It’s March 2016. The management team of King County’s Finance and Business Operations Division (FBOD) meets to do a “quick refresh” of the division’s clarity map. The purpose is to confirm commitment to the vision and mission, revise goals if necessary, and collect key initiatives and measures in support of those goals to provide strategic management direction for the next three to five years. After three years, the team needed to consider whether their strategic management system was still propelling the division forward.
Flash back to 2013 strategic management system development
In 2013, FBOD had just rebooted its approach to Lean. A tools-focused Lean implementation layered on top of a frustrating major software implementation had employees suffering from a curious combination of resistance to change and change fatigue. Customers were unhappy. Standard work was non-existent. And staff turnover rose to more than 20 percent per year.
FBOD’s leadership decided that it was time to move staff out of the pain of the present and create a more inspiring vision of the future and. They needed a light at the end of the tunnel.
With that in mind, the management team created a draft strategic performance management system including a vision, mission, values, goals and major initiatives to move towards those goals. All staff had a chance to provide feedback before the map was finalized. A true reflection of where FBOD was on its Lean journey, the vision reflected the need to focus on building a workplace that prioritized respect for its employees to begin building a healthy organization.
2013 Vision: FBOD is an innovative, rewarding, open and safe workplace that provides meaningful value for our employees, customers and community.
“We created the clarity map at the front end of our Lean journey to make sure we were in alignment,” said FBOD Director Ken Guy. “We had to create this sense of community and sense of safety in the beginning.”
Return to 2016 and the strategic management system refresh
FBOD’s management team began their discussion in the spring of 2016 by reviewing major milestones reached since 2013 on the way to achieving the vision. Integris facilitators Evans Kerrigan and Gwen Voelpel then asked them to consider two key questions:
- Is this vision still 5-10 years away from being realized?
- Will this vision inspire you and your staff to stretch?
Three years of strategic management pay off
In 2013, the vision was aspirational. Pain points were plentiful. Becoming an innovative, rewarding, open and safe workplace seemed like a stretch goal. But by the time FBOD sat down again to revisit the vision in 2016, so much had been done to engage employees, improve processes and cultivate Lean leadership that it no longer felt like a vision. The team agreed that although they had not completely arrived, they were far closer to achieving that vision than they had predicted. It was then that the conversation took a turn toward developing a new vision.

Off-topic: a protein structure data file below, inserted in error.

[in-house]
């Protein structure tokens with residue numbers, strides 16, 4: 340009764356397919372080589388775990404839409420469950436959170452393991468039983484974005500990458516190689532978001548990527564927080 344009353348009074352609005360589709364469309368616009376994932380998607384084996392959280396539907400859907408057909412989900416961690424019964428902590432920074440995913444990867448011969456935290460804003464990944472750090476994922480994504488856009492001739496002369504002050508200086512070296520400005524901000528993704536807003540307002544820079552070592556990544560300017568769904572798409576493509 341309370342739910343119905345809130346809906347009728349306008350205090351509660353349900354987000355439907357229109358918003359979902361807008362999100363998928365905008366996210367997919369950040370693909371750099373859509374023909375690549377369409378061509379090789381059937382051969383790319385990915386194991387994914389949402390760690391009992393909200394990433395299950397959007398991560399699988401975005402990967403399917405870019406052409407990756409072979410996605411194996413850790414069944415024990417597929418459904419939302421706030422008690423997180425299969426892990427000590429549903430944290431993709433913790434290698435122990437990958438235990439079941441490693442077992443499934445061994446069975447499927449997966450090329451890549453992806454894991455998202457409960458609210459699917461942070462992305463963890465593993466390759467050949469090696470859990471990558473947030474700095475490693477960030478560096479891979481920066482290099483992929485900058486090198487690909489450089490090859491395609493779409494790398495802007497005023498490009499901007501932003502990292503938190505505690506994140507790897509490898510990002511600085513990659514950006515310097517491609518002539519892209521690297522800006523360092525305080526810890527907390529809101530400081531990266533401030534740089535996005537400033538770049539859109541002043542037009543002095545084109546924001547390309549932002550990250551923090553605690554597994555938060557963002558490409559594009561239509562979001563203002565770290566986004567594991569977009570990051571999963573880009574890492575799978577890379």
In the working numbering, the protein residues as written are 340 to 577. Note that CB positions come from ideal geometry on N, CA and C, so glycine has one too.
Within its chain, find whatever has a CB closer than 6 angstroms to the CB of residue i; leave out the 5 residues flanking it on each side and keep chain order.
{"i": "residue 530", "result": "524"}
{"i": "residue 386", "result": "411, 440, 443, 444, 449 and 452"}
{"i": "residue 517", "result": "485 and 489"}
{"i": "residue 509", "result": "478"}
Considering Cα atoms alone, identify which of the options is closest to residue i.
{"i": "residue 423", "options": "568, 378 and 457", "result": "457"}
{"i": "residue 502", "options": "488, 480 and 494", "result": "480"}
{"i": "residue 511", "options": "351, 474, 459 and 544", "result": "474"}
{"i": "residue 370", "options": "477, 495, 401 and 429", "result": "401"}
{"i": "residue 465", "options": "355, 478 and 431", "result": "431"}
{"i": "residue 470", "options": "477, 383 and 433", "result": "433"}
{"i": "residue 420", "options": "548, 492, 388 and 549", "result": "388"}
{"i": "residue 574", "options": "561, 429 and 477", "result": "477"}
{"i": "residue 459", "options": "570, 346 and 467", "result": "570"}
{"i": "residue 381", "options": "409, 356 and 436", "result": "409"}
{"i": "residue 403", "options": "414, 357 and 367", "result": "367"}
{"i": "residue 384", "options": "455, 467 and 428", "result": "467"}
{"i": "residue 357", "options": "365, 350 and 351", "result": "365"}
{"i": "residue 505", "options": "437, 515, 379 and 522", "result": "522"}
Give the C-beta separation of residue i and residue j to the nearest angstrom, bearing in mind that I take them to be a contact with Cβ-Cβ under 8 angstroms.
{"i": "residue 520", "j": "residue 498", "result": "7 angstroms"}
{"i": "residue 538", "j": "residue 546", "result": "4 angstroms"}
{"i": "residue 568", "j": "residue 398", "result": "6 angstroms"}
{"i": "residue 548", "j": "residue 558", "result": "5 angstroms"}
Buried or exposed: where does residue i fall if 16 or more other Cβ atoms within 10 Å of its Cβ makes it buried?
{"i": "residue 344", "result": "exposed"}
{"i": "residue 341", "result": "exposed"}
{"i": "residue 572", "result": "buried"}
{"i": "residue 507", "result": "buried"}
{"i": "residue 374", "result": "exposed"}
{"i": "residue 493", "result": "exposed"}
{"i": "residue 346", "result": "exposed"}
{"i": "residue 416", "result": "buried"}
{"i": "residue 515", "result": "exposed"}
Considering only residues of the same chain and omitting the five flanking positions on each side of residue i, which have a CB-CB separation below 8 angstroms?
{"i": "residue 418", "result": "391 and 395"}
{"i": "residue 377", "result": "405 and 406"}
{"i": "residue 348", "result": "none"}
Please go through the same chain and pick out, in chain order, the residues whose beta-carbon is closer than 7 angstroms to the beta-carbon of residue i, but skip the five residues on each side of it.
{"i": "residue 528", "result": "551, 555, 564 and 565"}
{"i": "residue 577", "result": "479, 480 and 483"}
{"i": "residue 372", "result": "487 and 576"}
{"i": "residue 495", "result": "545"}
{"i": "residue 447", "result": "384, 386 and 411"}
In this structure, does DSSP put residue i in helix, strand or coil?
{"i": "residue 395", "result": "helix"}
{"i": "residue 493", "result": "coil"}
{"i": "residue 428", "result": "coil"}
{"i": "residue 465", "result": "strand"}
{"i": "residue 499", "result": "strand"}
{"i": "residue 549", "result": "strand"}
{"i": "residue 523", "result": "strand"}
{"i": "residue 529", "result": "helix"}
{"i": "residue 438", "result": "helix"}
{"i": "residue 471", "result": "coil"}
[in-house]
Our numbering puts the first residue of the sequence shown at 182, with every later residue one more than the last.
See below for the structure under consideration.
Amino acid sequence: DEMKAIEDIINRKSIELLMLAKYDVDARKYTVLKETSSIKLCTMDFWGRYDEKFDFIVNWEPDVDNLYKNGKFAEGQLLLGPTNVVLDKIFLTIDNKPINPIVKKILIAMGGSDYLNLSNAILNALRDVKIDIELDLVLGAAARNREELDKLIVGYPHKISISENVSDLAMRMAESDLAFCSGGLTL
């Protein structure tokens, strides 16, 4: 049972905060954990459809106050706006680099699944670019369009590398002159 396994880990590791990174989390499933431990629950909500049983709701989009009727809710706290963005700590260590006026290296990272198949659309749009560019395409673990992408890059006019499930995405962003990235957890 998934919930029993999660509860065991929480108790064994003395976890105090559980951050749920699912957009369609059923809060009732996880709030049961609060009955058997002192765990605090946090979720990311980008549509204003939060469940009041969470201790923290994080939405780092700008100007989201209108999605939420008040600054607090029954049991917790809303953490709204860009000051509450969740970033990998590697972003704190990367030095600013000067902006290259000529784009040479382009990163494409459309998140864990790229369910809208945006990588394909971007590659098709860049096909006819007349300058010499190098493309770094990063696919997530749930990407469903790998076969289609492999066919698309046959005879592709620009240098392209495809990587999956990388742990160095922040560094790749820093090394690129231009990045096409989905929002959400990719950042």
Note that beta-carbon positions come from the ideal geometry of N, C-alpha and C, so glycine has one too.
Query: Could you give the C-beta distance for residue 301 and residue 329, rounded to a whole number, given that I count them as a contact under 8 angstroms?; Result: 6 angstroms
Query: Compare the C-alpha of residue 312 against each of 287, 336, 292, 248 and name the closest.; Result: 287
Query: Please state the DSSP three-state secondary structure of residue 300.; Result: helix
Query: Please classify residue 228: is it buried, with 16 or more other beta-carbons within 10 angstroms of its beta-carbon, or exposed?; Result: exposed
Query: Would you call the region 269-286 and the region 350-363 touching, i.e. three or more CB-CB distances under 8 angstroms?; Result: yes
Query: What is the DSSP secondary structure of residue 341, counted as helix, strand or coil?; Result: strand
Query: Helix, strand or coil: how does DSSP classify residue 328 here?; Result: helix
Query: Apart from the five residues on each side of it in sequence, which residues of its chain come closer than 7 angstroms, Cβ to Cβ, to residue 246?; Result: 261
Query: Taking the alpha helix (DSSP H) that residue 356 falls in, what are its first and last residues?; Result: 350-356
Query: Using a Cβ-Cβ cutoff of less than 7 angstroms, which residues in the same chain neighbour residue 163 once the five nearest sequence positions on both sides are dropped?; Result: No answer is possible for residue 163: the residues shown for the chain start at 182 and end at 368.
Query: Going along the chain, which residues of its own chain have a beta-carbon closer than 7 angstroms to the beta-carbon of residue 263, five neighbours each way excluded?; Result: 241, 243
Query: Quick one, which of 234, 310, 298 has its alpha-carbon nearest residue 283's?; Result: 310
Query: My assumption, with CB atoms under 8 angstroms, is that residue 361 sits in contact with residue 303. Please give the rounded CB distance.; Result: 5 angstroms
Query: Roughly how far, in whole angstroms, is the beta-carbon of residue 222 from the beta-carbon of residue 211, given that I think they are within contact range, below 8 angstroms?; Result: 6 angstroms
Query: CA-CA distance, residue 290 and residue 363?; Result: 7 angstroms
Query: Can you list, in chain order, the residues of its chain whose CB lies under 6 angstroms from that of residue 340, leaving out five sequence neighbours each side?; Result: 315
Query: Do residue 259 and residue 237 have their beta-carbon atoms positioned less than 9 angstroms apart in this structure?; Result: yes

“Because we have matured it felt like it was the right time for a refresh of our vision,” said FBOD Director Ken Guy. “The original clarity map served its purpose but we realized we had evolved a lot since 2013.”
After throwing a few ideas around and ensuring alignment up to the top of the King County organization, the management team settled on a draft vision statement to vet with all staff:
2016 Vision: ”To be the best run financial services for the best run government.”
“It’s easy to remember and aligns FBOD with the overall County vision of becoming the best run government,” said Ken Guy. “The new clarity map with our new vision and updated goals, initiatives and measures will help us create even better alignment over the next 3-5 years. It was definitely the right time for a refresh.”
King County's Finance and Business Operations Division updated its vision in March 2016 after implementing its strategic management system for three years. Download FBOD's Clarity Map
About The Client
King County in Washington is the 13th most populous county in the United States. King County as an organization has 13,000+ employees and an $10 billion biennial budget. Among other major priorities, King County Executive Dow Constantine has set a policy goal of being the best-run government in the United States by employing business practices like Lean management to deliver government services more efficiently. King County’s Finance and Business Operations Division has 180+ employees and a $56+ million biennial budget. The division provides accounting, procurement, treasury, payroll, benefits and small business services.
About The Author
Gwen Voelpel is a communications graduate of Evergreen State College and she completed her Masters of Public Administration with a focus on local government management from the University of Nebraska at Omaha in 2007. Gwen is bringing more than 20 years of executive-level public service experience and expertise to the community.